When Domestic Violence Victims Call Police for Help—and Get Evicted Instead
When Rosetta Watson called 911 she expected police to help protect her against her abusive ex-boyfriend. Instead, due to the city's "chronic nuisance ordinance," the two phone calls she made prompted her eviction.
Photo by Riley J.B. via Stocksy
Rosetta Watson called the police several times between September 2011 and February 2012. Watson, who is disabled and black, told them she needed protection from her abusive ex-boyfriend. One time, she called to them that he had kicked open the front door of her apartment in Maplewood, Missouri and punched her in the face while she slept. Another time, she told police that he hit her breast and choked her. Watson feared for her life.
The police arrested her alleged abuser at least three times, but he wasn't detained for long. Instead, Watson was forced to move out of Maplewood, according to a new federal lawsuit filed by the American Civil Liberties Union on Friday. Under the city's chronic nuisance ordinance, more than two police calls made at the same address within a 180-day period would prompt an eviction, even if the tenant is a domestic victim. The ACLU charges that, by enacting and enforcing the code, the city violates a person's constitutional right to police assistance, as well as fair housing laws.
What's more, according to the complaint, people labeled "nuisances" must also leave the city for six months. The small suburb is one of several in St. Louis County that require residents to have an occupancy permit; anyone deemed to have violated Maplewood's code will have theirs revoked. Watson, who lost her Section 8 voucher in the process, ended up moving to St. Louis.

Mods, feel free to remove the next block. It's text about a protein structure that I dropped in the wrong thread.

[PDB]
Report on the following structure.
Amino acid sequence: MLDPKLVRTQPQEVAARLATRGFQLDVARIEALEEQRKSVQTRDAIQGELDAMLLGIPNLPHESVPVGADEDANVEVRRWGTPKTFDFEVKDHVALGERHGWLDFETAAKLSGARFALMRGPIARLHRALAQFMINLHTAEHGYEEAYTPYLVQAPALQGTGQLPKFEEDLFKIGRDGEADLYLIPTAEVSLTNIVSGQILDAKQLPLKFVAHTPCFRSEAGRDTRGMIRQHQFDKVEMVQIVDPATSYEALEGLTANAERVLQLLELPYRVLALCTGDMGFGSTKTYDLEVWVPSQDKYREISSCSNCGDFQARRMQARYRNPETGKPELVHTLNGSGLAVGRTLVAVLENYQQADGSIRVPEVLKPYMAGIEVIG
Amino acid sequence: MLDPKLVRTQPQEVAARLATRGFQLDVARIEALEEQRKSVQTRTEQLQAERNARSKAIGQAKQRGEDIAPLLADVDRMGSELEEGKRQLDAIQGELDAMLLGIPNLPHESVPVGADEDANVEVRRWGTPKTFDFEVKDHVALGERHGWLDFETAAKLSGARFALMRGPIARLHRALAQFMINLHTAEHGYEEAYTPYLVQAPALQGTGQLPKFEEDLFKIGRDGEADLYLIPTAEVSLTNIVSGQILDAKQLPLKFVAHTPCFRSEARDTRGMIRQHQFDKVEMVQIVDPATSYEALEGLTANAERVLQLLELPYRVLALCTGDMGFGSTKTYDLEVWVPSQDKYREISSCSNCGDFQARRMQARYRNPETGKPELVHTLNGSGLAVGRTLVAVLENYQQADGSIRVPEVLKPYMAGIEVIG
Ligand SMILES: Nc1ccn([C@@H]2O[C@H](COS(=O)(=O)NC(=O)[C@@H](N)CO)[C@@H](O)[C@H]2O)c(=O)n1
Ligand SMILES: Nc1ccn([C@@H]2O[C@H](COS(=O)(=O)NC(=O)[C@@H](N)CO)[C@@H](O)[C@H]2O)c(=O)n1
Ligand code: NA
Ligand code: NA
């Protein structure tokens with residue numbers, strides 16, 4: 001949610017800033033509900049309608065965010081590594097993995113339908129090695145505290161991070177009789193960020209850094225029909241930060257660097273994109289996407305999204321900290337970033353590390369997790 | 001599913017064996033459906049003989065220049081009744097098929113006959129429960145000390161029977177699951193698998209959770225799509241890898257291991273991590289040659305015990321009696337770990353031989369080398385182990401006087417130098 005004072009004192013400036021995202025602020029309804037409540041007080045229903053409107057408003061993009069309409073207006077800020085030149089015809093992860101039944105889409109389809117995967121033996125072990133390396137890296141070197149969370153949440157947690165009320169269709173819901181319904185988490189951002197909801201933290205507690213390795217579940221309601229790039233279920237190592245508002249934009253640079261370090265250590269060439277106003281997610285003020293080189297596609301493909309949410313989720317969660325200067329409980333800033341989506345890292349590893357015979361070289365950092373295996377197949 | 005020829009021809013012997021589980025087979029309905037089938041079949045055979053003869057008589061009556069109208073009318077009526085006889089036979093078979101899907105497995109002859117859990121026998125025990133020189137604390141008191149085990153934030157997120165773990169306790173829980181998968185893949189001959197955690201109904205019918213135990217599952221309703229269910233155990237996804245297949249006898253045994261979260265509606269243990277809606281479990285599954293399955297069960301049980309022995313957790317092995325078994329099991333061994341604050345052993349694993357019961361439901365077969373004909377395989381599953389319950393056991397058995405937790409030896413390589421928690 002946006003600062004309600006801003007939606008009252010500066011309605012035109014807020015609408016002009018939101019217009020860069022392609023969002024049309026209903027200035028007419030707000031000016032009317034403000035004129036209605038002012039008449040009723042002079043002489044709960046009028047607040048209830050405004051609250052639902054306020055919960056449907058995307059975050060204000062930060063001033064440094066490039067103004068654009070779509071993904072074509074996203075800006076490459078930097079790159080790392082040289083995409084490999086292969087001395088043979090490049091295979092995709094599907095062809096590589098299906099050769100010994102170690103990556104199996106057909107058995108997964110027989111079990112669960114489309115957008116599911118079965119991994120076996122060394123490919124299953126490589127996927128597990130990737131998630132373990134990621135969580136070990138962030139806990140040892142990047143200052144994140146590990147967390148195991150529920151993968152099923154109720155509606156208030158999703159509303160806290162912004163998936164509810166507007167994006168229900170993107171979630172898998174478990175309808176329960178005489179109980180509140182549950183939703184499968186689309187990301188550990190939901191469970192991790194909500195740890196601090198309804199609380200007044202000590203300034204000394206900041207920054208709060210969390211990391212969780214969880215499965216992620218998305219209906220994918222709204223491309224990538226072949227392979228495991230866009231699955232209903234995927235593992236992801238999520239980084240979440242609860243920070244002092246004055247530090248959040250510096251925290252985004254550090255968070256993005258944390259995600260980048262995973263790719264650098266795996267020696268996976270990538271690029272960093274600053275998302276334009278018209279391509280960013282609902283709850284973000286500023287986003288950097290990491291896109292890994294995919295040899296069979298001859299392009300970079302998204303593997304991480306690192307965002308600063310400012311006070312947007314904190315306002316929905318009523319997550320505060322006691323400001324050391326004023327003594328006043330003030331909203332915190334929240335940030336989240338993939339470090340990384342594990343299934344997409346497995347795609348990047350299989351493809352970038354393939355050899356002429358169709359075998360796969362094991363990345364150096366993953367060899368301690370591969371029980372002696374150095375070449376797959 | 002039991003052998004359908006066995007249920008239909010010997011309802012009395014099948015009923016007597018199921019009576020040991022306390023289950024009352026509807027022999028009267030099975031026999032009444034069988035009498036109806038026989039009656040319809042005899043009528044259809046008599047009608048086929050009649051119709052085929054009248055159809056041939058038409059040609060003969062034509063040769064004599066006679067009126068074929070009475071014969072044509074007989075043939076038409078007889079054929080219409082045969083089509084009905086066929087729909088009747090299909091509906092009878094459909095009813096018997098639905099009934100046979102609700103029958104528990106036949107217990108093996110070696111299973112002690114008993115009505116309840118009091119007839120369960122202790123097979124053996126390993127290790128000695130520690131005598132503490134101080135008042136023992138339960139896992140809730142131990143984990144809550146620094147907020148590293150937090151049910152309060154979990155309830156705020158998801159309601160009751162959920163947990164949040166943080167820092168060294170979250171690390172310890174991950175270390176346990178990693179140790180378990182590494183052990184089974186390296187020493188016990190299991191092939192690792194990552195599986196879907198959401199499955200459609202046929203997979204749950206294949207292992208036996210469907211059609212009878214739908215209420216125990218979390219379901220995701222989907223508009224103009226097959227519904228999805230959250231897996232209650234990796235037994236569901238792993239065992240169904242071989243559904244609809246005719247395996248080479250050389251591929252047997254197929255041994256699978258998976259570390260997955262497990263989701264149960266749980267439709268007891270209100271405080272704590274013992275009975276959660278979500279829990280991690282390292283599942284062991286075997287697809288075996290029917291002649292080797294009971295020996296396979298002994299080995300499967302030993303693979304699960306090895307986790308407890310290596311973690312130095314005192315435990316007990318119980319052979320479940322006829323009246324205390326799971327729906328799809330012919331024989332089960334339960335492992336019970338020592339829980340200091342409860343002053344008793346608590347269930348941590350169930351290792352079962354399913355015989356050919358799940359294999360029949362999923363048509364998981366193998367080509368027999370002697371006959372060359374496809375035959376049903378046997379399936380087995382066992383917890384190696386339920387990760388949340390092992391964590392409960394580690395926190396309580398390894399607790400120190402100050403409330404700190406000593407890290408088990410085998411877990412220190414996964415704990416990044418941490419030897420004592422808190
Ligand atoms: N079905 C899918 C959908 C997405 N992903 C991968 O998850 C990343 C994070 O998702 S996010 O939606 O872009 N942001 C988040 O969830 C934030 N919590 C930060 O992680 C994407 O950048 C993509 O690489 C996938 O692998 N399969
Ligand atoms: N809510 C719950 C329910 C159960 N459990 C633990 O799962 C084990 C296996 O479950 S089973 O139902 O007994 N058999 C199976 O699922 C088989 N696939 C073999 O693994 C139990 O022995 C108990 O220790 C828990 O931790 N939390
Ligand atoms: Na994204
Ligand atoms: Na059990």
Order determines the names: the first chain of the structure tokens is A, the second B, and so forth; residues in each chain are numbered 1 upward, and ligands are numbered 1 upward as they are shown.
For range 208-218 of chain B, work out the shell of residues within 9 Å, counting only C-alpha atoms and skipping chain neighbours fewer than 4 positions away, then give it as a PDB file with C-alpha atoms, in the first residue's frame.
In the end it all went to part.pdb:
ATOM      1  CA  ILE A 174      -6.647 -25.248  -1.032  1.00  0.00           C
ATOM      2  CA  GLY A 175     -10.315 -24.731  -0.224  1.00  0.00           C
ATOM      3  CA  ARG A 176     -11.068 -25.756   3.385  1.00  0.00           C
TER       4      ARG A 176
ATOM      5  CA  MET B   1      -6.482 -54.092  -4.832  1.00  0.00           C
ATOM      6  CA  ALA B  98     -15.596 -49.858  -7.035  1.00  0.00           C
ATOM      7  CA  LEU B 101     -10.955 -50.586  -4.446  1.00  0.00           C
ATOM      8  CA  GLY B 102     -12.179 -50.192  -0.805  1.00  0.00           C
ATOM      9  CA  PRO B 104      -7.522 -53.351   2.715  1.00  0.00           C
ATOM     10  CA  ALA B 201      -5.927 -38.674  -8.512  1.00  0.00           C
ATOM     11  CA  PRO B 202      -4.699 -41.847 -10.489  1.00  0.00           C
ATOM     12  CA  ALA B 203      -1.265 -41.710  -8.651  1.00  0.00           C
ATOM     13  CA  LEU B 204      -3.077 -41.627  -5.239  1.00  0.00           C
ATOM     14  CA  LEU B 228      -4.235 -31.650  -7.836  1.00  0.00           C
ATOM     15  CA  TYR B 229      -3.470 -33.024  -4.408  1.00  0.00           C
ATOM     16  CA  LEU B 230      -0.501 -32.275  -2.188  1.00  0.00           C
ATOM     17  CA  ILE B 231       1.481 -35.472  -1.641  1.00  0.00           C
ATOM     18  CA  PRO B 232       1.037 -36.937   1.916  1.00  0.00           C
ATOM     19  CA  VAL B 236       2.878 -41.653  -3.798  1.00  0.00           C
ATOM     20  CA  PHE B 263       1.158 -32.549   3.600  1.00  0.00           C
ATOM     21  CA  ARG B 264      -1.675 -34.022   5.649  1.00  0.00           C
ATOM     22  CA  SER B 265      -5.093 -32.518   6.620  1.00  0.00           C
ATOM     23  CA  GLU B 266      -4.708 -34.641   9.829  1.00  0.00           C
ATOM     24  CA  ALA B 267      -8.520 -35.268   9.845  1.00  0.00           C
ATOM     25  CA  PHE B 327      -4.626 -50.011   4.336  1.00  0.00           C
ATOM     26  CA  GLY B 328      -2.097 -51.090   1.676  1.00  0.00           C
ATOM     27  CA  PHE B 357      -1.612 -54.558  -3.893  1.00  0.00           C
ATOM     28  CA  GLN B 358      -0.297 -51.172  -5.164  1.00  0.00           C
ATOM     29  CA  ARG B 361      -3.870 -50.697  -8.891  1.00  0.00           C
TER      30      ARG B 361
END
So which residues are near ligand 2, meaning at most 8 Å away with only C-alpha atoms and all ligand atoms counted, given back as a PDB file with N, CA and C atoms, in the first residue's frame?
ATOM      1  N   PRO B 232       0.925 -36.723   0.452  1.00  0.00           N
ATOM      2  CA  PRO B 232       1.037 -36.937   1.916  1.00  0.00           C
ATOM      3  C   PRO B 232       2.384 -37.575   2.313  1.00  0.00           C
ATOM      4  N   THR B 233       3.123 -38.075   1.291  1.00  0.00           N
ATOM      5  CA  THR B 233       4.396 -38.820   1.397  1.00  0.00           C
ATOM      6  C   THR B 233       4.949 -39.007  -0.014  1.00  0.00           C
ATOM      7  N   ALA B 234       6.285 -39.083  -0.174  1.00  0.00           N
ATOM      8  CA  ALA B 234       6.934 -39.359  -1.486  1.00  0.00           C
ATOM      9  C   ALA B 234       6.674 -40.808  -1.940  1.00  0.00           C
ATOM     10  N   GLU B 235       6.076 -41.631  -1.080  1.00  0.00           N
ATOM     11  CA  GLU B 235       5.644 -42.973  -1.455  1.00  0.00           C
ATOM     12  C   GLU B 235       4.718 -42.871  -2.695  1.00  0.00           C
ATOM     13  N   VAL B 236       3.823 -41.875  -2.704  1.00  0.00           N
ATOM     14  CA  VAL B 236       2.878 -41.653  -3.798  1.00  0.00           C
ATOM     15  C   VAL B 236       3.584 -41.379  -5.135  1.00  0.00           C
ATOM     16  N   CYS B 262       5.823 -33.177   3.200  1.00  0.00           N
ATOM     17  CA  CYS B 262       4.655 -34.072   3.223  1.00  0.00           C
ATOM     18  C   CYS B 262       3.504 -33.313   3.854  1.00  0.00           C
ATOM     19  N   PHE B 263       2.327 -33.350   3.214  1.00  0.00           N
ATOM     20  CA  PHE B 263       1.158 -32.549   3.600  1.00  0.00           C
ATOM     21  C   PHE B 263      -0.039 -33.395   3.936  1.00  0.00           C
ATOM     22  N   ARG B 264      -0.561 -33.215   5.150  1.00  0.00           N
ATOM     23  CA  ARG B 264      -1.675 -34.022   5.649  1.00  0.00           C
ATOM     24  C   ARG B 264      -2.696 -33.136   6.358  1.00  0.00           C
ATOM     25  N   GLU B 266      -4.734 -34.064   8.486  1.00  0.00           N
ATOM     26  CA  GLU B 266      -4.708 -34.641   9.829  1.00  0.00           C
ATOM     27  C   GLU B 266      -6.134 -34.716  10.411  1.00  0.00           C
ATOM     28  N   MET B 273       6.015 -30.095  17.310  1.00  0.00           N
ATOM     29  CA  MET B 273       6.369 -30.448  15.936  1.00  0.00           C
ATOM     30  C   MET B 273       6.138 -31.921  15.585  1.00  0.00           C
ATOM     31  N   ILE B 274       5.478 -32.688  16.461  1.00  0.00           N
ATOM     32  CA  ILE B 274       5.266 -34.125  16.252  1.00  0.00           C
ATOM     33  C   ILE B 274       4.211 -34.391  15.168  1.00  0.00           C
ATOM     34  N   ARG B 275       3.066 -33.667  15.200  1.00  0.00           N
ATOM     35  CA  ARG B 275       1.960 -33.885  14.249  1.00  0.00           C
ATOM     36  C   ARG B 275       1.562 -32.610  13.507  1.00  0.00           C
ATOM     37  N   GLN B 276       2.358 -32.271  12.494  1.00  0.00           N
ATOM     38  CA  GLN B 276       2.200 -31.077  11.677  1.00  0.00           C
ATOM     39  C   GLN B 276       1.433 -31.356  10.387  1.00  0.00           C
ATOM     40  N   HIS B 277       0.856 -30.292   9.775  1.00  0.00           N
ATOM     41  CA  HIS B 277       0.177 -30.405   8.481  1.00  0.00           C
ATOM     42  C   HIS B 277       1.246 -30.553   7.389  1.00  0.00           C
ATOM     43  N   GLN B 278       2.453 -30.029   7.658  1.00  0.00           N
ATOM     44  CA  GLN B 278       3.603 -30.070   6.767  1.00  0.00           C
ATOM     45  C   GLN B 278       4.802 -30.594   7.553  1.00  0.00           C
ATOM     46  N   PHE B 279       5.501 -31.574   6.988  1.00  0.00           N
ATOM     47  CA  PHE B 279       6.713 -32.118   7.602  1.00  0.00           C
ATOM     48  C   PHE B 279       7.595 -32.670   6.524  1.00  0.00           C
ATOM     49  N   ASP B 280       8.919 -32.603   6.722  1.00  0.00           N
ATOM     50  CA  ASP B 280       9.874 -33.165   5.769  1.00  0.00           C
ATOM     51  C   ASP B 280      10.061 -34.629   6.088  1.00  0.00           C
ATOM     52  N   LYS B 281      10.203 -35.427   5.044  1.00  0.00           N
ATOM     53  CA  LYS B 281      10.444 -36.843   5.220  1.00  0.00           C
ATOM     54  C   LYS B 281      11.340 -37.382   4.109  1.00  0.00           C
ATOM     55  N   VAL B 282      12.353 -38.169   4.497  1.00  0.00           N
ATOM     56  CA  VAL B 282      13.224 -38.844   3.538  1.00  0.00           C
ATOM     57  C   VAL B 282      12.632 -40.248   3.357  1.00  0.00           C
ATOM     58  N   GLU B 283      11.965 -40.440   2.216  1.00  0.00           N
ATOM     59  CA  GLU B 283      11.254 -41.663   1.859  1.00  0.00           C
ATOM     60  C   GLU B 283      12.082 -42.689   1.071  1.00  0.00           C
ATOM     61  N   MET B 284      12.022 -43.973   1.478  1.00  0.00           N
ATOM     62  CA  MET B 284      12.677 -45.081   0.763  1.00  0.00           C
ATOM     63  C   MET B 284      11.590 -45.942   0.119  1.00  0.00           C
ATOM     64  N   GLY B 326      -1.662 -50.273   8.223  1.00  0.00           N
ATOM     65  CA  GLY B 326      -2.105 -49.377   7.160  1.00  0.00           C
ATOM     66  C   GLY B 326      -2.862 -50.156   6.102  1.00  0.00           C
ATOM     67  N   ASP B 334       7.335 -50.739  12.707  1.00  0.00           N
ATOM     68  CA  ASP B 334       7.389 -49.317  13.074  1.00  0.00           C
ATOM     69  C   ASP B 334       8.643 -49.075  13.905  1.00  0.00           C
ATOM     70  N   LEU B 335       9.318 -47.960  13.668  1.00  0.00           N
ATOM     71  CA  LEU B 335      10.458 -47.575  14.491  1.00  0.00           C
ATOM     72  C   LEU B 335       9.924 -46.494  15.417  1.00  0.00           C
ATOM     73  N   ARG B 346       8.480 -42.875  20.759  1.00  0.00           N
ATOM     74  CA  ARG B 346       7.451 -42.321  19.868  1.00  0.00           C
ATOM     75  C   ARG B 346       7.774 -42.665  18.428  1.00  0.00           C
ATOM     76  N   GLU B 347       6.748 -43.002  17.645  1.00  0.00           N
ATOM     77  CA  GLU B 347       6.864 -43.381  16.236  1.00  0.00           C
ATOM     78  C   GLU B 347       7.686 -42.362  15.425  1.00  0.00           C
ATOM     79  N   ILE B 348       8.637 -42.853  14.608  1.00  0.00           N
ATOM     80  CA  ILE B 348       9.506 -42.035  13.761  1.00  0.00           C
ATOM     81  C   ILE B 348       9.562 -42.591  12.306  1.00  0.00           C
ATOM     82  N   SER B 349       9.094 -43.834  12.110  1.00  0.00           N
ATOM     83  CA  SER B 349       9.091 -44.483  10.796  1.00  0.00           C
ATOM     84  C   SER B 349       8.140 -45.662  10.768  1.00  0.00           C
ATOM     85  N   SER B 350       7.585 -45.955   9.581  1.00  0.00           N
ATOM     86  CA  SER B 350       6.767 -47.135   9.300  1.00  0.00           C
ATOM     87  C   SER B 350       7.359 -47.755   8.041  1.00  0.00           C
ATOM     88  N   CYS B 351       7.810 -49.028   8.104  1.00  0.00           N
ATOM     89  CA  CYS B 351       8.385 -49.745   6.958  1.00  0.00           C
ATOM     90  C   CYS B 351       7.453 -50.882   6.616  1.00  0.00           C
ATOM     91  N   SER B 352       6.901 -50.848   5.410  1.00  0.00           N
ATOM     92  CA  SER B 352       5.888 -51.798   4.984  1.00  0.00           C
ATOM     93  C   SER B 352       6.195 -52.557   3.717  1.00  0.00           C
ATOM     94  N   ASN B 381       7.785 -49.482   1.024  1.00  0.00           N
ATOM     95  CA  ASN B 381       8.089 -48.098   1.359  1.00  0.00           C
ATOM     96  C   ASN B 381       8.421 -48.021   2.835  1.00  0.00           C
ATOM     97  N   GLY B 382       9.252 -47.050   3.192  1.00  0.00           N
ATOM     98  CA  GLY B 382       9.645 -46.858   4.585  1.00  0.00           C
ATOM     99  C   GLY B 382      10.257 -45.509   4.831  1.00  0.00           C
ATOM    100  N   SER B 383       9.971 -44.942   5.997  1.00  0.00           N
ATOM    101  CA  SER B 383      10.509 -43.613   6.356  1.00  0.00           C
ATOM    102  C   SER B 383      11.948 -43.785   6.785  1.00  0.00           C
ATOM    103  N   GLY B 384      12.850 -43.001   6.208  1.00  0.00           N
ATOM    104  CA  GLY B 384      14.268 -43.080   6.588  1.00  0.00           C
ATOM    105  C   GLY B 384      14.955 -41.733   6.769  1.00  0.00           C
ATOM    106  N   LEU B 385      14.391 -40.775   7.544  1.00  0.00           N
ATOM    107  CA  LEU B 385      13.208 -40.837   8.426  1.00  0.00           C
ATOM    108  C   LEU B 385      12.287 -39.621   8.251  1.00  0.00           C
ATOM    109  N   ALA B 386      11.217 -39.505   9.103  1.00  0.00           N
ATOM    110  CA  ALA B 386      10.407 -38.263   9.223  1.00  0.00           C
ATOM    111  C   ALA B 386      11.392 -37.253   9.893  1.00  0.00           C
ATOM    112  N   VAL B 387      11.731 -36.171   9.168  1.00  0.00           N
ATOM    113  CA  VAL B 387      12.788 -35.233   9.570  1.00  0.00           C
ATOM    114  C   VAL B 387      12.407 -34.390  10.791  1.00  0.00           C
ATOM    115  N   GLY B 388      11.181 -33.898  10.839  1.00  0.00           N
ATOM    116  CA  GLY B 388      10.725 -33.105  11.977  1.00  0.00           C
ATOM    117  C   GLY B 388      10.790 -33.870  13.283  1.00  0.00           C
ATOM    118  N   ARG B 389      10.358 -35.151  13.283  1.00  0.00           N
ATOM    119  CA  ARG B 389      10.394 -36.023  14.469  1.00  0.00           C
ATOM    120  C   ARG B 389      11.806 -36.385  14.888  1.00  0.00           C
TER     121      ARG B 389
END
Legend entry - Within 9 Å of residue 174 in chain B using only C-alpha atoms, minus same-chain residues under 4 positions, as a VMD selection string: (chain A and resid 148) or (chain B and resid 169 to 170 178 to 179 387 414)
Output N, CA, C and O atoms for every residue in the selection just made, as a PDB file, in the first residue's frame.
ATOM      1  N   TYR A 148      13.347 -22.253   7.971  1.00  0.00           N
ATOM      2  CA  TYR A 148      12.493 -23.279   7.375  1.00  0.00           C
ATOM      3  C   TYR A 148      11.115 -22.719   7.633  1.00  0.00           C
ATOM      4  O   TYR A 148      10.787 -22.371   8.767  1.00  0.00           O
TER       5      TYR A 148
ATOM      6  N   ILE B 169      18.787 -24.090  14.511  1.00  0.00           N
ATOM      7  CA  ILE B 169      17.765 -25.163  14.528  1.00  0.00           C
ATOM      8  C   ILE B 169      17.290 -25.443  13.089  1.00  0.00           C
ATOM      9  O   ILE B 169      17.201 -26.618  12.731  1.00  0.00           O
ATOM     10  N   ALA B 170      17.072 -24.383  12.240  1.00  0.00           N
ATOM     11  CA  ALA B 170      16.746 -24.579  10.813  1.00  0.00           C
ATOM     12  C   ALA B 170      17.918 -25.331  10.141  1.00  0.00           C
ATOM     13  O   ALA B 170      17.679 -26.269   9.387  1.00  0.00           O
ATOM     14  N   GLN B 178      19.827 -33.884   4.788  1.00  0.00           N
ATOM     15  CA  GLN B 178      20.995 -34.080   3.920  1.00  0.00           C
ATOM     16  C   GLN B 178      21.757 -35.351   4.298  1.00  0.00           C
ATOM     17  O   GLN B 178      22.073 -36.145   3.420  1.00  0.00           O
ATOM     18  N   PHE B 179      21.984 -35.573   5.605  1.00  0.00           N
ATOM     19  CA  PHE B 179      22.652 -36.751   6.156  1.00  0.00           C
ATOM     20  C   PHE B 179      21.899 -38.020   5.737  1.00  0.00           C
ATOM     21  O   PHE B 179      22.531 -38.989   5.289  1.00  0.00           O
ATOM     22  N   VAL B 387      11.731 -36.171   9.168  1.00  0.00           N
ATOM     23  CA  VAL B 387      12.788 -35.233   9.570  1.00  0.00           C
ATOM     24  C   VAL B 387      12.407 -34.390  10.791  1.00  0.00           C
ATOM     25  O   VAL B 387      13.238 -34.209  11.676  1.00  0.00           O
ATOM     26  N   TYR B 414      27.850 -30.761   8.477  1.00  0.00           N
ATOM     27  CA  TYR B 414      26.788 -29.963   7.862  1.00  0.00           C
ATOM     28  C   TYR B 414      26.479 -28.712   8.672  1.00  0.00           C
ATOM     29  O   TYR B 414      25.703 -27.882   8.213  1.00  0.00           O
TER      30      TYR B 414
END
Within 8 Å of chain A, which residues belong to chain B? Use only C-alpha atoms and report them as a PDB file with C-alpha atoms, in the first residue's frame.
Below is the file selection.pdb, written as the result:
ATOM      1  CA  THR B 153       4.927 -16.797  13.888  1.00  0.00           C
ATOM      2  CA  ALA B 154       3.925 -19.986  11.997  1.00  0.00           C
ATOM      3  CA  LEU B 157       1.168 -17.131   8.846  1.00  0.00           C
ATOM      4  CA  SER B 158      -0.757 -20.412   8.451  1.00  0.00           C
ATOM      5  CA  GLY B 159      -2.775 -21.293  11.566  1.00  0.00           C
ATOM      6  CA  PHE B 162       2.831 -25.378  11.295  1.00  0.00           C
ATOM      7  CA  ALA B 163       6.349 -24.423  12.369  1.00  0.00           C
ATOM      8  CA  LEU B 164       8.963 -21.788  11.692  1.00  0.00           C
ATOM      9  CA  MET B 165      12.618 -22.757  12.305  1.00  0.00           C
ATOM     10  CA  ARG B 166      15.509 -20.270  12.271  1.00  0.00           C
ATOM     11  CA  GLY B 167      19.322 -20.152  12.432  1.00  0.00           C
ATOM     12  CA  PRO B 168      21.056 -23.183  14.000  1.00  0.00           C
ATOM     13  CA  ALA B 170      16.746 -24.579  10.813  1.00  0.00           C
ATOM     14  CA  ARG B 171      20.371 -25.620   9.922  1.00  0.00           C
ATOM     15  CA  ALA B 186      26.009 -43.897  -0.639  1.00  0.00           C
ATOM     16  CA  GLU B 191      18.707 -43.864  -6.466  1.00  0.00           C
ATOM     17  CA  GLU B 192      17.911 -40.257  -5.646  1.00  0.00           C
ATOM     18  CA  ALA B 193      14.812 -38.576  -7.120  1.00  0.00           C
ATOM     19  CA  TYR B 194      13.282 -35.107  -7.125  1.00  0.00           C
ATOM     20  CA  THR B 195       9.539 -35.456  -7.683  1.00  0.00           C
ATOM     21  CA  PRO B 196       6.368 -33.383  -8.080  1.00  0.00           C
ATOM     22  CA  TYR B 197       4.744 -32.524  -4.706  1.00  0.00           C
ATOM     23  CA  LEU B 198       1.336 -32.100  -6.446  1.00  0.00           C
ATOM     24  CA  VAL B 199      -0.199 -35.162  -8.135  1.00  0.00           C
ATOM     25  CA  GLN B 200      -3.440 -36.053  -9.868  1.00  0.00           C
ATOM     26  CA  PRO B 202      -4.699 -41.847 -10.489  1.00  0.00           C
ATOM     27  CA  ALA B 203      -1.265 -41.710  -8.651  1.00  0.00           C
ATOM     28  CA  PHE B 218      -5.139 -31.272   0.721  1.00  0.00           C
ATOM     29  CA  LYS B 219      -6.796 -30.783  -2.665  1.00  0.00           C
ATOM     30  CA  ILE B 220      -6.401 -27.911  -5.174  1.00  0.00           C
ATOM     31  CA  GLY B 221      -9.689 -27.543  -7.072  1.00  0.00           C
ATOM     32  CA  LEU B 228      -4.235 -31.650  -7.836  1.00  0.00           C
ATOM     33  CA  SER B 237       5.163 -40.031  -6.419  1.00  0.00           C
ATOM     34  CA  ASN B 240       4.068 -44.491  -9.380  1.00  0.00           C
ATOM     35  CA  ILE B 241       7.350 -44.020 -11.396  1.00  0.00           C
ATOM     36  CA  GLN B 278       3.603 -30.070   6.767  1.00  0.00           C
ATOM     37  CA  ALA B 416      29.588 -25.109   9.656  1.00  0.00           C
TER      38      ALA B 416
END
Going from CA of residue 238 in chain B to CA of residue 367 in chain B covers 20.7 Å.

"For that to happen to somebody who has called the police for domestic violence sends a huge message that their government does not think that they are worth very much," said Sandra Park, staff attorney with the ACLU Women's Rights Project.
Maplewood City Manager Martin Corcoran, who is named in the suit, told Broadly the city would not comment on the ACLU lawsuit until it had a chance to review the complaint.
Park told Broadly that Watson lost faith in police protection because of Maplewood's treatment. She felt blamed and humiliated. So much so that, when Watson's abuser broke into her St. Louis home in July 2012 and stabbed her in the legs, she didn't call 9-1-1. Instead, she drove herself to the hospital, where staff contacted police. Officers arrested her attacker, who was sentenced to less than a year in jail after pleading guilty to domestic assault in the third degree, according to the lawsuit. He died a year later.